One study done in 2019 found that people receiving hospital at-home services had fewer laboratory orders, fewer trips to X-ray and other imaging labs, fewer specialty consultations, and they ended up costing less to care for. They also spent less time lying in bed or confined to a chair, likely because they had a place to go, such as the garden or kitchen. And in an indication of the quality of the service, the hospital-at-home patients were less likely to end up in a revolving door of hospitalizations. They were readmitted to the hospital less frequently than patients who had inpatient treatment, then were discharged and had complications that put them back in the hospital within the month. A Cochrane Collaborative study, which reviewed existing studies performed up until 2016, found that six months after the hospital at home admission, there was little difference in mortality compared to patients with similar diagnoses who had been admitted as an inpatient.
“Actually, outside of the United States, it’s been around significantly longer. It’s just been slower to adopt in this country because of our particular regulations and our health care system just being more complex,” Udayakumar said.
There’s also been a learning and comfort curve for practitioners in this country to get used to the hospital-at-home model, she said.
“So we need to look for alternate ways and locations to provide care so that we can serve the greatest number of patients,” Udayakumar said.
But it’s not for everyone. Another study in which patients with respiratory infections had good outcomes noted that there needs to be someone in the house who can help. That study also noted that “cost savings are at least partially explained by the fact that the care was largely carried out by trained family members, reducing labor cost, which is a large proportion of hospital cost.”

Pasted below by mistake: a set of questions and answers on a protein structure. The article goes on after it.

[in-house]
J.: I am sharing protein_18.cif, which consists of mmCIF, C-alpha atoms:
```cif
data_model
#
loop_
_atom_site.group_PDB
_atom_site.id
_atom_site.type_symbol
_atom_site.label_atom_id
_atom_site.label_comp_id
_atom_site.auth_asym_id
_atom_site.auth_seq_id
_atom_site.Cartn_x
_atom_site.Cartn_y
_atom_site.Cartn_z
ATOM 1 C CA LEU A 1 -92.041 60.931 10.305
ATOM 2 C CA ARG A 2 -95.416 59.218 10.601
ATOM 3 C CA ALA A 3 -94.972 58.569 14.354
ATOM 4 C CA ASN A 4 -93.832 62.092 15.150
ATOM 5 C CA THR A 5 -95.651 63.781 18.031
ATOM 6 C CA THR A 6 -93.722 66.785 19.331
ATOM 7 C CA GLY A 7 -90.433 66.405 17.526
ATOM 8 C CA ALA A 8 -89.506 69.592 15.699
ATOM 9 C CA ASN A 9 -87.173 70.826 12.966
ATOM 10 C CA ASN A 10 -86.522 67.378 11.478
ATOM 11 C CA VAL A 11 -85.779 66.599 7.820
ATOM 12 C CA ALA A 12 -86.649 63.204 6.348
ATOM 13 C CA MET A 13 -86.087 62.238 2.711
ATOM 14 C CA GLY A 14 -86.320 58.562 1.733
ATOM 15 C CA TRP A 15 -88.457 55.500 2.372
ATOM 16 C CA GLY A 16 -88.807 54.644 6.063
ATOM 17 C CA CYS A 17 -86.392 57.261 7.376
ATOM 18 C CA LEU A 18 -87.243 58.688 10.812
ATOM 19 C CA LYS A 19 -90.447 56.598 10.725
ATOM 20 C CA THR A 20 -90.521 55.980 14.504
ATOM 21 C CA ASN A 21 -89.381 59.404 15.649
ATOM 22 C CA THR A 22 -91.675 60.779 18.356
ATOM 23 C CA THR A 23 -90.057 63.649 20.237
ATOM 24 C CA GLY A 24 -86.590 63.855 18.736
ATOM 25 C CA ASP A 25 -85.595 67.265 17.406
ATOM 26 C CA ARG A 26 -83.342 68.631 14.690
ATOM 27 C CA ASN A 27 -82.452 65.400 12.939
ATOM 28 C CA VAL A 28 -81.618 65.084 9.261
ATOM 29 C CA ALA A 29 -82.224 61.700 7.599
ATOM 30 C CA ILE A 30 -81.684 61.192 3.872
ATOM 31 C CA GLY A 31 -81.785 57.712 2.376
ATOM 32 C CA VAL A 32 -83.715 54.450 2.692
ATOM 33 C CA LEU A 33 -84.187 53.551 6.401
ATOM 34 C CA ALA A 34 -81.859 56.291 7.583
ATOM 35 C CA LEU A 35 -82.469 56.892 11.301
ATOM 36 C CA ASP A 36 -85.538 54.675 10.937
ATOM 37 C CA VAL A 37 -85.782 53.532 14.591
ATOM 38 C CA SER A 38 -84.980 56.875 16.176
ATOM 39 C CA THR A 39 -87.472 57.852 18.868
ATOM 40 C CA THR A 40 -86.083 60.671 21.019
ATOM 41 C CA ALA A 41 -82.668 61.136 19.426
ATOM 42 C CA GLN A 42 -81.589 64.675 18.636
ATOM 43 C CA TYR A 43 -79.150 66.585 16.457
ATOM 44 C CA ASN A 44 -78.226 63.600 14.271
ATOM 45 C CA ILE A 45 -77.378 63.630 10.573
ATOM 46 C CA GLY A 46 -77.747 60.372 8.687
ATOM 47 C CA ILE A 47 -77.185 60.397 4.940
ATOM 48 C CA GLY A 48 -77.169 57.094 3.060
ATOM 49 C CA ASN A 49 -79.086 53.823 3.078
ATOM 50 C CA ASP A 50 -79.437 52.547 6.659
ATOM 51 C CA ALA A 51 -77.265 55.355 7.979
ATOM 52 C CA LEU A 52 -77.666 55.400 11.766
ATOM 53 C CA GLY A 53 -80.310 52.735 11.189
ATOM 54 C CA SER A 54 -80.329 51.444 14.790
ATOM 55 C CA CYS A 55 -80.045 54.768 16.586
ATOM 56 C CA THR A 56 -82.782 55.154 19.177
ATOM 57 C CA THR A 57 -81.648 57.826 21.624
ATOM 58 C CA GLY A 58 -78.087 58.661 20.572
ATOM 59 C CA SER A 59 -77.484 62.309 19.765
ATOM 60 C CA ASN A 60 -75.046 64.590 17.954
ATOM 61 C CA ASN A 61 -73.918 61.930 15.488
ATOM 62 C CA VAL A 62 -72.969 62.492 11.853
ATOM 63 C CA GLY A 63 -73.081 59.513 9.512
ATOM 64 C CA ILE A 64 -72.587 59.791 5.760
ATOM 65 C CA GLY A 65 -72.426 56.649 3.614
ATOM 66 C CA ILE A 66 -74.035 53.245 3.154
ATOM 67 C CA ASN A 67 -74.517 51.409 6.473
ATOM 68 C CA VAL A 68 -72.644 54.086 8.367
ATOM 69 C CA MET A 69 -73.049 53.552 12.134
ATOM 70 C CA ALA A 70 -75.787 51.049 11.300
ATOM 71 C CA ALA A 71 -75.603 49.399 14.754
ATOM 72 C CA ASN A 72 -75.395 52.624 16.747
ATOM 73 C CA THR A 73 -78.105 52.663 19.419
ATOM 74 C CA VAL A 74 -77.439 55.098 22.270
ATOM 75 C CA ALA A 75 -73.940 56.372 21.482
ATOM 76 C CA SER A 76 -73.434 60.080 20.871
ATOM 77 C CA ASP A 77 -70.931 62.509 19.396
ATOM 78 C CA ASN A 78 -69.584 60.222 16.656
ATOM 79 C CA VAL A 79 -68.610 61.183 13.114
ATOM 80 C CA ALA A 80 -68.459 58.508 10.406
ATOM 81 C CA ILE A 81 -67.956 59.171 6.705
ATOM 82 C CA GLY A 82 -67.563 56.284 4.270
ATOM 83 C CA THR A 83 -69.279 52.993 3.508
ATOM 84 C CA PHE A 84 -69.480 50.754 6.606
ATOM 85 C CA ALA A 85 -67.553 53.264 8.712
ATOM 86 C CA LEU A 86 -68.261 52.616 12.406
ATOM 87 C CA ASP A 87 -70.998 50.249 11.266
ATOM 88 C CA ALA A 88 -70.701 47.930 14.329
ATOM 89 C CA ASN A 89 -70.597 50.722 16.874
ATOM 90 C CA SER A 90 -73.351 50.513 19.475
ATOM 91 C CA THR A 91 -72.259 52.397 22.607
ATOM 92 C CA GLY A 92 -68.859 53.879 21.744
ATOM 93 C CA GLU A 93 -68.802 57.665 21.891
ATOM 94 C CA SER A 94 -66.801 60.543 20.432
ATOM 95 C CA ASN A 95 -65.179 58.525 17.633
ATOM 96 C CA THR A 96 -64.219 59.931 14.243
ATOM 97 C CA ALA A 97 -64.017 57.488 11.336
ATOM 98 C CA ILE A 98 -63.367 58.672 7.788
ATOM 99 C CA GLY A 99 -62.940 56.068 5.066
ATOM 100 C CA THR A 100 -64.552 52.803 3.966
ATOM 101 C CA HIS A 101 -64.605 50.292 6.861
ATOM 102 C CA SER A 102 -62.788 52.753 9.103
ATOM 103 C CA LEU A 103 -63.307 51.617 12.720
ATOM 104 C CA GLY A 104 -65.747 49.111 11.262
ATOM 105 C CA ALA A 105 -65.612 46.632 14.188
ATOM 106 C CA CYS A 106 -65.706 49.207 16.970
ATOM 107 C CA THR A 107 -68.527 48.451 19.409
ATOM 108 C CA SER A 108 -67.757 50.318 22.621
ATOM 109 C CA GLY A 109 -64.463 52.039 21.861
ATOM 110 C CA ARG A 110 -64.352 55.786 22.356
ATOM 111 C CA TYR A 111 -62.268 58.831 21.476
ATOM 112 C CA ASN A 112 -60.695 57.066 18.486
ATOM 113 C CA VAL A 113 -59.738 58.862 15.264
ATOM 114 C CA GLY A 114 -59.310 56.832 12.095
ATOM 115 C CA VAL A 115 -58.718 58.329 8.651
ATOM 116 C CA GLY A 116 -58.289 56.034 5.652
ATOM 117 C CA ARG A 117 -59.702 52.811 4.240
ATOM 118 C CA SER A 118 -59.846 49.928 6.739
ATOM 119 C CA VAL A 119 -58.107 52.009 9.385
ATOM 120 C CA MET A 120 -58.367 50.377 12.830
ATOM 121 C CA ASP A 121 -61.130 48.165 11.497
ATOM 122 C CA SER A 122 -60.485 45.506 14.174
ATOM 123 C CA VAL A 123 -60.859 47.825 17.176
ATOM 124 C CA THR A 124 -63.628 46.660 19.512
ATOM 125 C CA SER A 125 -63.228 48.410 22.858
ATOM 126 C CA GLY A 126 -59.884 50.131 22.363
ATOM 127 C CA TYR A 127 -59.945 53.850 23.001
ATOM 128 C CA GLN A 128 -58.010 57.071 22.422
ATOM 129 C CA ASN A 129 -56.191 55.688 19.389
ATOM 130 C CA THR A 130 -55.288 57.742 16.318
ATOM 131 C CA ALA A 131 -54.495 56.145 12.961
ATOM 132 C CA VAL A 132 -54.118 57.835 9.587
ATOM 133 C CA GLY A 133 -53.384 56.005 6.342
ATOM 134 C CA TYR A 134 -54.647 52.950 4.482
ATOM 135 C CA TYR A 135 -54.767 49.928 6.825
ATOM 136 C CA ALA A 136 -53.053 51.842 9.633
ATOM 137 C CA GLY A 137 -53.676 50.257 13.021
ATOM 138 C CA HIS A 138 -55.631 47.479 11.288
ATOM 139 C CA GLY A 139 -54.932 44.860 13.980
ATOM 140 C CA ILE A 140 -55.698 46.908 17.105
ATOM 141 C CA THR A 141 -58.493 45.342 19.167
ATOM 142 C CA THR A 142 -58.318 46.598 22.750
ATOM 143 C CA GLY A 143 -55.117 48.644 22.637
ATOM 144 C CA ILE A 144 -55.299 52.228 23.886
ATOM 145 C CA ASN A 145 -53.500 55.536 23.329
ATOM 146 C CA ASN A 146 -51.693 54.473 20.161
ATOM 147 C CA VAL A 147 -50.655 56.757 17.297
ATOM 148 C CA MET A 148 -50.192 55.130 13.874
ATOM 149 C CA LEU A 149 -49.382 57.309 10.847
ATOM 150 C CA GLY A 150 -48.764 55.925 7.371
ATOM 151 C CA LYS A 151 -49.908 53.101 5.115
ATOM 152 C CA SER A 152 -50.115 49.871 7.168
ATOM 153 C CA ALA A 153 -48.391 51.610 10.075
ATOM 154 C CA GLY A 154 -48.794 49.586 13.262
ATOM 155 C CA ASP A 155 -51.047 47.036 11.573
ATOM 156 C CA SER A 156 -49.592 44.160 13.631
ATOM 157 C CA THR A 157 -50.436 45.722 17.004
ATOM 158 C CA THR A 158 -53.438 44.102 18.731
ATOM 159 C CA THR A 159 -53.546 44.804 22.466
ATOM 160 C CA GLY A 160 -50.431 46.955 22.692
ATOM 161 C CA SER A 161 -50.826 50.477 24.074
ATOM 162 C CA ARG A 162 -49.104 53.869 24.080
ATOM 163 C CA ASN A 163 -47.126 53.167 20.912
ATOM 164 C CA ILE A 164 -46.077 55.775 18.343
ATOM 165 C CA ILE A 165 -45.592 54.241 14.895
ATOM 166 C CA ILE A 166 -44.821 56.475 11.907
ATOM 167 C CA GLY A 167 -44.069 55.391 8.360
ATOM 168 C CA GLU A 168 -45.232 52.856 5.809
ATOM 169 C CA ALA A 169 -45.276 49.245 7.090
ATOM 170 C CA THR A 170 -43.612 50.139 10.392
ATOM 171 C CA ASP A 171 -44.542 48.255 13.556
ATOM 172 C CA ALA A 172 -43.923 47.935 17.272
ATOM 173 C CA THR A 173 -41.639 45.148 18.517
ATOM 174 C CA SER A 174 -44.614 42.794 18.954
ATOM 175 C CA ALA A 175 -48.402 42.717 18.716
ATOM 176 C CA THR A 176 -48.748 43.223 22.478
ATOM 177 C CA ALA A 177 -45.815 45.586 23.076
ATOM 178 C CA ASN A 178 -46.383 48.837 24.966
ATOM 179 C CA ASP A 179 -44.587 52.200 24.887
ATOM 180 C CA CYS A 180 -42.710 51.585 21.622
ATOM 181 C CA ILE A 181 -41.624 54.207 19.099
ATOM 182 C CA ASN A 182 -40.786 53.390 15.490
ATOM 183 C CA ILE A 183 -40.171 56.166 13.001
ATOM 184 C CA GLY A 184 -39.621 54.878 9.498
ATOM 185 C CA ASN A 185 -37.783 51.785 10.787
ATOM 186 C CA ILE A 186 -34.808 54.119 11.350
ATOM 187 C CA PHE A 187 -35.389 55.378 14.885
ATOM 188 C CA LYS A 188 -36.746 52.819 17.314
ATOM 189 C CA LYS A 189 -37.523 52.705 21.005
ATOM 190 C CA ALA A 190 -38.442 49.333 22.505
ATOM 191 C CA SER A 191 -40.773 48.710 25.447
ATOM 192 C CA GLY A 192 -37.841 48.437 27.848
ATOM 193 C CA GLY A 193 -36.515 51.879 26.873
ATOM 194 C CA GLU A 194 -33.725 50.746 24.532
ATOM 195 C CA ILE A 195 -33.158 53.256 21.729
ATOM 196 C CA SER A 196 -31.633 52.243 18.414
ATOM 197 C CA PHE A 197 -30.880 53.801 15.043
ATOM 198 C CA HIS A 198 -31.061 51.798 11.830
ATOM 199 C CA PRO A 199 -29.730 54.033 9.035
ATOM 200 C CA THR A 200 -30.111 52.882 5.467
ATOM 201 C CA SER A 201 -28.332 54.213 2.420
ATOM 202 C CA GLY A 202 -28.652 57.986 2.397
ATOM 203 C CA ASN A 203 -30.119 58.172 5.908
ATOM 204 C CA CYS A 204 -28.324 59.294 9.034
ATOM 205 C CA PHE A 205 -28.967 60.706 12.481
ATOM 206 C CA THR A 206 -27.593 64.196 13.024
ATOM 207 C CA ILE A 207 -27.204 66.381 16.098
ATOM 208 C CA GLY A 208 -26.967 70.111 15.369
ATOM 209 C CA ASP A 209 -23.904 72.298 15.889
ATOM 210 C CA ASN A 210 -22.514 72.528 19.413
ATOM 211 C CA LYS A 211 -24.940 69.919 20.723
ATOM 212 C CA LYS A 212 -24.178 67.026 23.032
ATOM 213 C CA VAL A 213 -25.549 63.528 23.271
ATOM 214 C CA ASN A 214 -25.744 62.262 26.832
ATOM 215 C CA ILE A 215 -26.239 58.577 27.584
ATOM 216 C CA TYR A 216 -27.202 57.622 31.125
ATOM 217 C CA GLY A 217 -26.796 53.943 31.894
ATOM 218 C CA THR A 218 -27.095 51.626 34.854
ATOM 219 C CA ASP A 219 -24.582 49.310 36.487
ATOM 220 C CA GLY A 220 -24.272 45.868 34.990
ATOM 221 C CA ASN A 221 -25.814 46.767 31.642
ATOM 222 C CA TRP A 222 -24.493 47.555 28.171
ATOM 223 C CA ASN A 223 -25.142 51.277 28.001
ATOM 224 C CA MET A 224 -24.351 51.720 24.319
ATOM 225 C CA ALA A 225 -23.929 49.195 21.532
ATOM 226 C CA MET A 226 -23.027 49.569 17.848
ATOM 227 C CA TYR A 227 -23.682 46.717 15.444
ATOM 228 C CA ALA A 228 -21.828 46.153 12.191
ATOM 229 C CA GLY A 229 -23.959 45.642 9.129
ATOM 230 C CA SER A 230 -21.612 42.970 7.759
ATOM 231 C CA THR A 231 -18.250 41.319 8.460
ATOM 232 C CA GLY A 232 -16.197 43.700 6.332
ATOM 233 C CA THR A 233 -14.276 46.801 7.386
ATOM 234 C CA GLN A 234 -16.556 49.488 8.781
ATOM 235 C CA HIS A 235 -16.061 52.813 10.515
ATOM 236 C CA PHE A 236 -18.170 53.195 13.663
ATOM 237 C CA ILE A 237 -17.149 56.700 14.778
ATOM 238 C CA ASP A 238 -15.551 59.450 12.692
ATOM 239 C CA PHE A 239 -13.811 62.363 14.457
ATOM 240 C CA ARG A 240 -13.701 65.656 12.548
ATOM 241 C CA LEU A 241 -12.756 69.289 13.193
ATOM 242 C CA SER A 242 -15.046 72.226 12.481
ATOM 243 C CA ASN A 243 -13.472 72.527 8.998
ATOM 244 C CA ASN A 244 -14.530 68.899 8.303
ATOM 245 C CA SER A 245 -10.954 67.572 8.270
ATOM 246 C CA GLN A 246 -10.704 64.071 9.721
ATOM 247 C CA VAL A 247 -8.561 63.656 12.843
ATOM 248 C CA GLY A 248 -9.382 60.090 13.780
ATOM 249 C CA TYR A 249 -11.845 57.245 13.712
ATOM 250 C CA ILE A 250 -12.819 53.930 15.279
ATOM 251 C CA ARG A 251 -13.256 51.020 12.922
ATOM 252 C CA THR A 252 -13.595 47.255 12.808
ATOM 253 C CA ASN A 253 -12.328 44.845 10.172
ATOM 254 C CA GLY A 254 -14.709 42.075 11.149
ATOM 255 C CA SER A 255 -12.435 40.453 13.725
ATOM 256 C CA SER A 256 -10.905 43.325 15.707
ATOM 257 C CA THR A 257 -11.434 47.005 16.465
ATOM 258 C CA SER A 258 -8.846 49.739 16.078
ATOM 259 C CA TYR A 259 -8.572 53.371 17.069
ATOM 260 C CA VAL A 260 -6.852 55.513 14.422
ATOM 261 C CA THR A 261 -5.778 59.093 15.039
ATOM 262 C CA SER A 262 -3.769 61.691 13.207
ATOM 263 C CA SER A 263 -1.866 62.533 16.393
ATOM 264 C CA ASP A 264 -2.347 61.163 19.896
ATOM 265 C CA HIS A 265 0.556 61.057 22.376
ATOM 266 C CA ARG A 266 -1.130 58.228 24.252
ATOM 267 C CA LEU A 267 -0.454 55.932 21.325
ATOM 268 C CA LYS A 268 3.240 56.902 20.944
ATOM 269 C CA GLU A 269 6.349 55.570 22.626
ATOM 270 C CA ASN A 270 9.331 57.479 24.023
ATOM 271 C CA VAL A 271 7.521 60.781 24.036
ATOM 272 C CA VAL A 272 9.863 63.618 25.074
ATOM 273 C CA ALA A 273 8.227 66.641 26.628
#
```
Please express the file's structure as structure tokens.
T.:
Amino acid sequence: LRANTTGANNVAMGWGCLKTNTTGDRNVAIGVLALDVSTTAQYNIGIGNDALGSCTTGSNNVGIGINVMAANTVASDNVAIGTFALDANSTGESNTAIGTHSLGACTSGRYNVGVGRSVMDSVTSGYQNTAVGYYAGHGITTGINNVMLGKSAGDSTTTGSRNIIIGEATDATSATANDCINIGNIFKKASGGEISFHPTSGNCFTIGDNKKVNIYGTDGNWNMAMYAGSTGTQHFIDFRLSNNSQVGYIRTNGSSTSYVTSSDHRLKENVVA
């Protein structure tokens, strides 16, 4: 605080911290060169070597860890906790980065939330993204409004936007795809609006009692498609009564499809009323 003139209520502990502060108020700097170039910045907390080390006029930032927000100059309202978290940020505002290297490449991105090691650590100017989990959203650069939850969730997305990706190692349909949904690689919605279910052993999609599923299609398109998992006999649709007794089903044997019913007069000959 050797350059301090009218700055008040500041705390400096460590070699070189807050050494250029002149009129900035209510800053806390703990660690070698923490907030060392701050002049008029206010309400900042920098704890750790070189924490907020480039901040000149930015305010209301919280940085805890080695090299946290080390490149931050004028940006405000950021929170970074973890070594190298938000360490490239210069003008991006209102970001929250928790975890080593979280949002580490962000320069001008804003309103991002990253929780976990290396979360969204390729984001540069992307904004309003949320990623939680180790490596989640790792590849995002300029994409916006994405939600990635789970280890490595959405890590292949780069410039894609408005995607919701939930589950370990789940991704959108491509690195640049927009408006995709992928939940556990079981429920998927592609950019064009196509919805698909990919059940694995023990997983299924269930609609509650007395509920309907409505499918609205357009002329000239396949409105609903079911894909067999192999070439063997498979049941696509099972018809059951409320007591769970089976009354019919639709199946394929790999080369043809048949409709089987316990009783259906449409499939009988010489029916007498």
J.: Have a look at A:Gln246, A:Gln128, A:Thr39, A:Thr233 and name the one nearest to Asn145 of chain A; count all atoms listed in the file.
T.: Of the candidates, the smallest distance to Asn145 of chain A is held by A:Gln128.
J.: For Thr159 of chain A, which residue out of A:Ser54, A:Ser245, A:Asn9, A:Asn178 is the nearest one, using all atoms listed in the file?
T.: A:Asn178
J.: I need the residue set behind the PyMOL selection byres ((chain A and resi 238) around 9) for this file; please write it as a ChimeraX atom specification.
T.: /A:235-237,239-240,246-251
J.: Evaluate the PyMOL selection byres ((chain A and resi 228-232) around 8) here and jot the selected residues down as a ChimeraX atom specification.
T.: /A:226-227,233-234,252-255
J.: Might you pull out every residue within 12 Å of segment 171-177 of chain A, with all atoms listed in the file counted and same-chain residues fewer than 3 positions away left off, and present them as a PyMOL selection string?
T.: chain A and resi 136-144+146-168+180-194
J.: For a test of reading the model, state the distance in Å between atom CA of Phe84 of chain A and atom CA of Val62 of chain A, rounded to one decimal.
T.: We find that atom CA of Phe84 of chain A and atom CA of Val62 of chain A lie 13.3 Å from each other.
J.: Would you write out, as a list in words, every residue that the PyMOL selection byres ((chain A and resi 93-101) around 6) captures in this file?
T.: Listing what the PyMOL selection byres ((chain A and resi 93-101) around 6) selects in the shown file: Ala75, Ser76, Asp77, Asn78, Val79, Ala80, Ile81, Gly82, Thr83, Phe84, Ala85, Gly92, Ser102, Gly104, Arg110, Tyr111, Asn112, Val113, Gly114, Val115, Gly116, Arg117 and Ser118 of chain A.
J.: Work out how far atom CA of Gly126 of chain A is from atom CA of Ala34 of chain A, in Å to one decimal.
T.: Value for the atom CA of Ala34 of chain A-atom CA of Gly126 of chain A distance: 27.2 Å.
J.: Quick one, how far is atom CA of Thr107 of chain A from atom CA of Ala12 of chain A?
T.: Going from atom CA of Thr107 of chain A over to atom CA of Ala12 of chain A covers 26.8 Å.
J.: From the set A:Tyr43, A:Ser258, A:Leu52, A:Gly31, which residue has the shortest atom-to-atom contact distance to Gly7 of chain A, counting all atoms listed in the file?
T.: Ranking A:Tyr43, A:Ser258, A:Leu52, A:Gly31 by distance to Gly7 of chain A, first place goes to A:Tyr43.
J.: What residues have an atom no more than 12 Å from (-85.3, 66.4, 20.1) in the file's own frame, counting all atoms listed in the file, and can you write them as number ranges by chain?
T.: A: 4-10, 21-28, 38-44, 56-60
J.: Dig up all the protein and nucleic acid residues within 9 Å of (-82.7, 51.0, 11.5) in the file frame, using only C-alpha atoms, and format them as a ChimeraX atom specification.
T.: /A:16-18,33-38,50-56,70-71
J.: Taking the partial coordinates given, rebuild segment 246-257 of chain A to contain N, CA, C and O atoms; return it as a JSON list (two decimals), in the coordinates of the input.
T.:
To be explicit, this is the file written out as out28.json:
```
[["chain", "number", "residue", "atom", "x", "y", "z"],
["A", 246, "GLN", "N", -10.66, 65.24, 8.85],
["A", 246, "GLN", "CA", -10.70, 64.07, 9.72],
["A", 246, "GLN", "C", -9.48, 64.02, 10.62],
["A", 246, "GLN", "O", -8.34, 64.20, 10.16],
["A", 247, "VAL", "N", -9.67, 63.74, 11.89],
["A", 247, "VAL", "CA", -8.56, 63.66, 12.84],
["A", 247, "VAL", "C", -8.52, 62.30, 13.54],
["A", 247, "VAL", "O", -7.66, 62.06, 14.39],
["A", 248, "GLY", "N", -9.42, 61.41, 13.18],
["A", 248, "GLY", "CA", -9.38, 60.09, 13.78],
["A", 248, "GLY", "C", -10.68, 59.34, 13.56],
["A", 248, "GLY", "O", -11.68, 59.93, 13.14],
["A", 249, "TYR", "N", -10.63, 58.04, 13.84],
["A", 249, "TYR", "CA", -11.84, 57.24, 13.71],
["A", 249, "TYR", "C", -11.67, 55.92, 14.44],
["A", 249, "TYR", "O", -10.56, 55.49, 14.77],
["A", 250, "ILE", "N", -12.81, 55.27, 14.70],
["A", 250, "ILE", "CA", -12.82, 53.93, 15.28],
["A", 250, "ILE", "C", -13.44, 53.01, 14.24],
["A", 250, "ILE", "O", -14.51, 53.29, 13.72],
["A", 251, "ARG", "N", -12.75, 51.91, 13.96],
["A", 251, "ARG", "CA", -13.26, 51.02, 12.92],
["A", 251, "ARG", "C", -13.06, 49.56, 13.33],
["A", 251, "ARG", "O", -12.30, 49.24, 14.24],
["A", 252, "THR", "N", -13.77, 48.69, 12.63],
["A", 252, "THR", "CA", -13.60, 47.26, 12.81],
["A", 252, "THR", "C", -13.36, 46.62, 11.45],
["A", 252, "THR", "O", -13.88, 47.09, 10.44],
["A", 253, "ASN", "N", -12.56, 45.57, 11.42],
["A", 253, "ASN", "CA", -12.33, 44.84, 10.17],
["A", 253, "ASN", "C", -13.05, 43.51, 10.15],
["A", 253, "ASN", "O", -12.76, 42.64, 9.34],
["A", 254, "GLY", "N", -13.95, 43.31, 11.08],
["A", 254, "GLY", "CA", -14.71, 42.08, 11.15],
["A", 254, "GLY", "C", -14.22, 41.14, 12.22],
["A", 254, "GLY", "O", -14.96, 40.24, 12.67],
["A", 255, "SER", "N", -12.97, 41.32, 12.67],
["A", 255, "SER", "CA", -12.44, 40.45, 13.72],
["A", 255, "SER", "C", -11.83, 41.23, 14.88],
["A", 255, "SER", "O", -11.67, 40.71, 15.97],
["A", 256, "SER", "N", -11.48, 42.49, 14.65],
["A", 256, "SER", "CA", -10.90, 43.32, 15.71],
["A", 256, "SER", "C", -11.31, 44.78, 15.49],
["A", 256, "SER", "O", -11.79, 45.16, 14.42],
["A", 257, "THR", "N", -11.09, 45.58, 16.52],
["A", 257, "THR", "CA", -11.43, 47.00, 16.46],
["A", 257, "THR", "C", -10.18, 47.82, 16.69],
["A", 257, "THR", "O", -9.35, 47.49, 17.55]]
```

Pandemic changes stick
As many have experienced, the pandemic ushered in an increased emphasis on remote health care, with rates of remote physical and mental health appointments skyrocketing during the lockdowns and beyond.
Atrium Healthcare used the hospital-at-home concept during the pandemic to reduce the load in their inpatient units, said Scott Rissmiller, chief physician executive at the Charlotte-based health system.
His organization’s hospital-at-home program had a longer history, he told a legislative committee this summer. He said that the system started investing tens of millions of dollars in virtual health as much as a dozen years ago. So, when the pandemic hit, they were able to pivot quickly.
“Some of our clinicians got together and started talking about how can we do this differently, how can we provide care for these patients in their house,” Rissmiller said. “Very rapidly with our virtual health platform and IT platform that had been developed over the past decade, we were able to get this up and running in literally three weeks.”
Atrium saw close to 5,000 patients in their “virtual” hospital throughout the course of the pandemic, he added.
“These aren’t patients with sniffles, these were patients who had oxygen, who were receiving IV fluids in their home. We are one of the first to provide IV remdesivir in their home. These were sick patients,” Rissmiller said. “We did it with virtual check-ins throughout the day, technology that was continuous, that was monitoring their blood pressure and their oxygen saturations. We would give them these tools at home that digitally connected to their phone and were uplifted to the care team. And then once a day we would send in our community paramedicine team into the house to provide IV fluids and to check others.”
“The one big silver lining throughout the pandemic was our acceleration of virtual health,” he added.